Claude was baptised at Harston parish church on 6 March 1881, the son of Augustus & Olivia Beaumont, Headmaster & mistress of Harston school. He was one of seven children living in the school house. Some time before 1901 he moved to Hammersmith & shared a house with his sister Lilian & brother Oswald Percy. He married Una Mary Nobbs (nee Mitcham) of Haig Road, Cambridge in 1907 and had two daughters, Enid & Betty. At this time he was a family butcher. Prior to enlisting he had moved back to Cambridge & was living at 60 Rock Road with his brothers Edgar & Oswald Percy who both fought and returned.
He enlisted at Westminster in 1914 as a Lance Sergeant in 16th (County of London) Battalion (Queen’s Westminster Rifles) (Territorial Force) London Regiment. His enlistment was reported in the Cambridge Independent Press on 2nd October 1914:
Roll of Honour included Percy & Claude Beaumont, Harston, being Old Perseans and sons of the late master of the County School (they were enrolled into the Grenadier Guards & Queen’s Wesminsters, respectively).
Claude was posted ‘Missing, believed dead’ on 1st July 1916, the first day of the Battle of the Somme, but his death was not reported locally until the Cambridge Independent Press on 23rd February 1917:
Sergeant Claude Leopold Beaumont of the Queen’s Westminster Rifles was killed at Gommecourt on 1 July, leaving a widow & 2 children.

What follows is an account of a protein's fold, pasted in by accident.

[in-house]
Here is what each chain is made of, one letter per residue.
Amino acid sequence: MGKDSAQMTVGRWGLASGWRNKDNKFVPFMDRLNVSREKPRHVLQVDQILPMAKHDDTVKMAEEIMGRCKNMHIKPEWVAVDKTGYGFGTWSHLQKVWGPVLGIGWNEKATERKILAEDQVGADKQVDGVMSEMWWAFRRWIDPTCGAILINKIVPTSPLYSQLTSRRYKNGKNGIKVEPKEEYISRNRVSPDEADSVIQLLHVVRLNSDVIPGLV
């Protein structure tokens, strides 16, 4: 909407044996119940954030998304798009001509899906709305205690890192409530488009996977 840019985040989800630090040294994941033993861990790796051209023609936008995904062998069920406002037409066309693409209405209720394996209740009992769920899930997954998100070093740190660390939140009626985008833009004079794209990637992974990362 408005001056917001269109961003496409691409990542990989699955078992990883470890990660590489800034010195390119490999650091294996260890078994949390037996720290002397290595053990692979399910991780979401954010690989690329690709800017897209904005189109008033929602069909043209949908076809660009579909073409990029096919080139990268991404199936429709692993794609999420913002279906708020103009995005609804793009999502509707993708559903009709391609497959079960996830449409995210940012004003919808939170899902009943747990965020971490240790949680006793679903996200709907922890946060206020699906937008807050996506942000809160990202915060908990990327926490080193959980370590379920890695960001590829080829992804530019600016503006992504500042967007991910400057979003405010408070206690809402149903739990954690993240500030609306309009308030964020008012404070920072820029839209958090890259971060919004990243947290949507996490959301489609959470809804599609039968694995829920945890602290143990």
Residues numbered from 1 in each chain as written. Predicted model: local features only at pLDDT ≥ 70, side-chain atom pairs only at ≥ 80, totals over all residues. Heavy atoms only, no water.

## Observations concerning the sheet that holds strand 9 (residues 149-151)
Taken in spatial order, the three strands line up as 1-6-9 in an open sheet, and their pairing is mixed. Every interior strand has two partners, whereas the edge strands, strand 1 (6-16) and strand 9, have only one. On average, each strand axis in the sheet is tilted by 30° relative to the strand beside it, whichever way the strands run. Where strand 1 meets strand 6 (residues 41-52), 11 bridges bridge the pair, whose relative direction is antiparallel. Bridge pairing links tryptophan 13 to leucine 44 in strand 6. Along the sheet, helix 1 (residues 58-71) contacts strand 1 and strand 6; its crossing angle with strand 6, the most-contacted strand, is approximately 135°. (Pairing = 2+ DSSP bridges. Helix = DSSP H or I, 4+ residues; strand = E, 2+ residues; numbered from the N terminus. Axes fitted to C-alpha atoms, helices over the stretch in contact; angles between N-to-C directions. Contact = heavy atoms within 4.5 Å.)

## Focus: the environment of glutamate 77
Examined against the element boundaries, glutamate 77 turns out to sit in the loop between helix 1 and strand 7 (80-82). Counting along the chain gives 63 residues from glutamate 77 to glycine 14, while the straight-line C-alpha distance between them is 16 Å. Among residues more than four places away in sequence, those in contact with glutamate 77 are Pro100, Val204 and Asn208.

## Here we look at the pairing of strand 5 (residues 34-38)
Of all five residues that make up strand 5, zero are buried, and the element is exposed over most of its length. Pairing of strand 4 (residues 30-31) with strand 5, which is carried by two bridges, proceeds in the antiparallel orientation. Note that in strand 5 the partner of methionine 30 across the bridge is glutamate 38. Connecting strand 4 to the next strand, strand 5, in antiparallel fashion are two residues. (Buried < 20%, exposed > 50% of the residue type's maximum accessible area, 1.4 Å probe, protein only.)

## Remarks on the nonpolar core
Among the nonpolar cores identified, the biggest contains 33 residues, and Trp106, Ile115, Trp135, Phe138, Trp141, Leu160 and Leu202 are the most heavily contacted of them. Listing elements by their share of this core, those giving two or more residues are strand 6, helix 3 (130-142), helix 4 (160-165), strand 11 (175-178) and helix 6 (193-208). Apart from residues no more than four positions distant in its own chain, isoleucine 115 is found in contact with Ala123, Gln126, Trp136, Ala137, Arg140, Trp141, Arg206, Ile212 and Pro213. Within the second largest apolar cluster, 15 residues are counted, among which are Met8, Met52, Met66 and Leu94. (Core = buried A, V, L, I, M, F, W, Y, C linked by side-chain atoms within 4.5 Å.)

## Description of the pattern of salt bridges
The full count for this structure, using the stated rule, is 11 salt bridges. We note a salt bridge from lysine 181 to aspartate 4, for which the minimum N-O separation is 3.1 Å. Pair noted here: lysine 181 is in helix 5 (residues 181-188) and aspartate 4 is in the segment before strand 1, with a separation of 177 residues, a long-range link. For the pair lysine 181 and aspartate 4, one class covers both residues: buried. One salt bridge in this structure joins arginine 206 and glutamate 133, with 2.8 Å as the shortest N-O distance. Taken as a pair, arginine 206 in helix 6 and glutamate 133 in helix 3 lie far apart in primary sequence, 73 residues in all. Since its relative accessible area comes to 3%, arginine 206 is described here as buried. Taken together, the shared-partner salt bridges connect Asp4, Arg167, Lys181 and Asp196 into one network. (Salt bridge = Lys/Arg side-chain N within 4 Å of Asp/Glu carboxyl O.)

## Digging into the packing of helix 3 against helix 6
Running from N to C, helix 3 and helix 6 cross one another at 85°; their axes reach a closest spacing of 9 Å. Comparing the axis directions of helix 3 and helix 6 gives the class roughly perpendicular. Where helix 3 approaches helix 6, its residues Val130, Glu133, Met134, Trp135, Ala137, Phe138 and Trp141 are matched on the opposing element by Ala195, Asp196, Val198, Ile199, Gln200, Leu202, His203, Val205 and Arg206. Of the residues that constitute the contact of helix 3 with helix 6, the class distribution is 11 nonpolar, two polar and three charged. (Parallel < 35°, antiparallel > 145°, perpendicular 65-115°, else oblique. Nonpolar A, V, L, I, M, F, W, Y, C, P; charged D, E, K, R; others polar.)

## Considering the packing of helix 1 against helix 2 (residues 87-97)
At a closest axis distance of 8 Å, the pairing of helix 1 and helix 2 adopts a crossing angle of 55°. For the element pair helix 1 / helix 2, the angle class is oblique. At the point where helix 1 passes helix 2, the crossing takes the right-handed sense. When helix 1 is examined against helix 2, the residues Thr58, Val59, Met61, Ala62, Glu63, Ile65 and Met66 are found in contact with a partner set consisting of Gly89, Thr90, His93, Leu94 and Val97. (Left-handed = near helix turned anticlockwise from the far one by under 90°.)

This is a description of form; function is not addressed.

The following is from http://www.roll-of-honour.com/Cambridgeshire/CambridgeStJohns.html
Lance Sergeant, Claude Leopold Beaumont, was sitting in the trenches somewhere to the west of Gommecourt, in Belgium on 30th June listening to the thunderous roar of the guns that had been bombarding the German lines continuously since 0700 hours on the 24th June. He was part of the Third Army being directed by 1st Viscount Edmund Henry Allenby. In the final 65 minutes before zero hour no fewer than 224,221 shells were fired at the enemy lines and 10 huge mines were detonated below the enemy strongpoints. As soon as the bombardment ceased, the attack by the Allied troops began. Claude was ordered to go over the top of his trench to start his attack. The Germans came up out of their deep underground bunkers and manned the machine guns. They could not believe their eyes when they saw all these lines of troops half walking, half running towards them. They just squeezed the triggers of the machine guns and kept firing. British losses at the end of the first hour were 30,000, by nightfall the British Army had lost 60,000 men, the greatest loss in any one day of its entire history.
Claude’s body was found in 1924, when the War Graves Commission was clearing up the French & Belgian battlefields. He was identified by a locket found on him.
He is buried in Cabaret-Rouge British Cemetery, Souchez, Pas de Calais, France. Plot XXII Row C Grave 16.
He is also on the Perse School memorial, a plaque in St John’s church, Hills Road and on a gravestone plot E99 in Cherry Hinton churchyard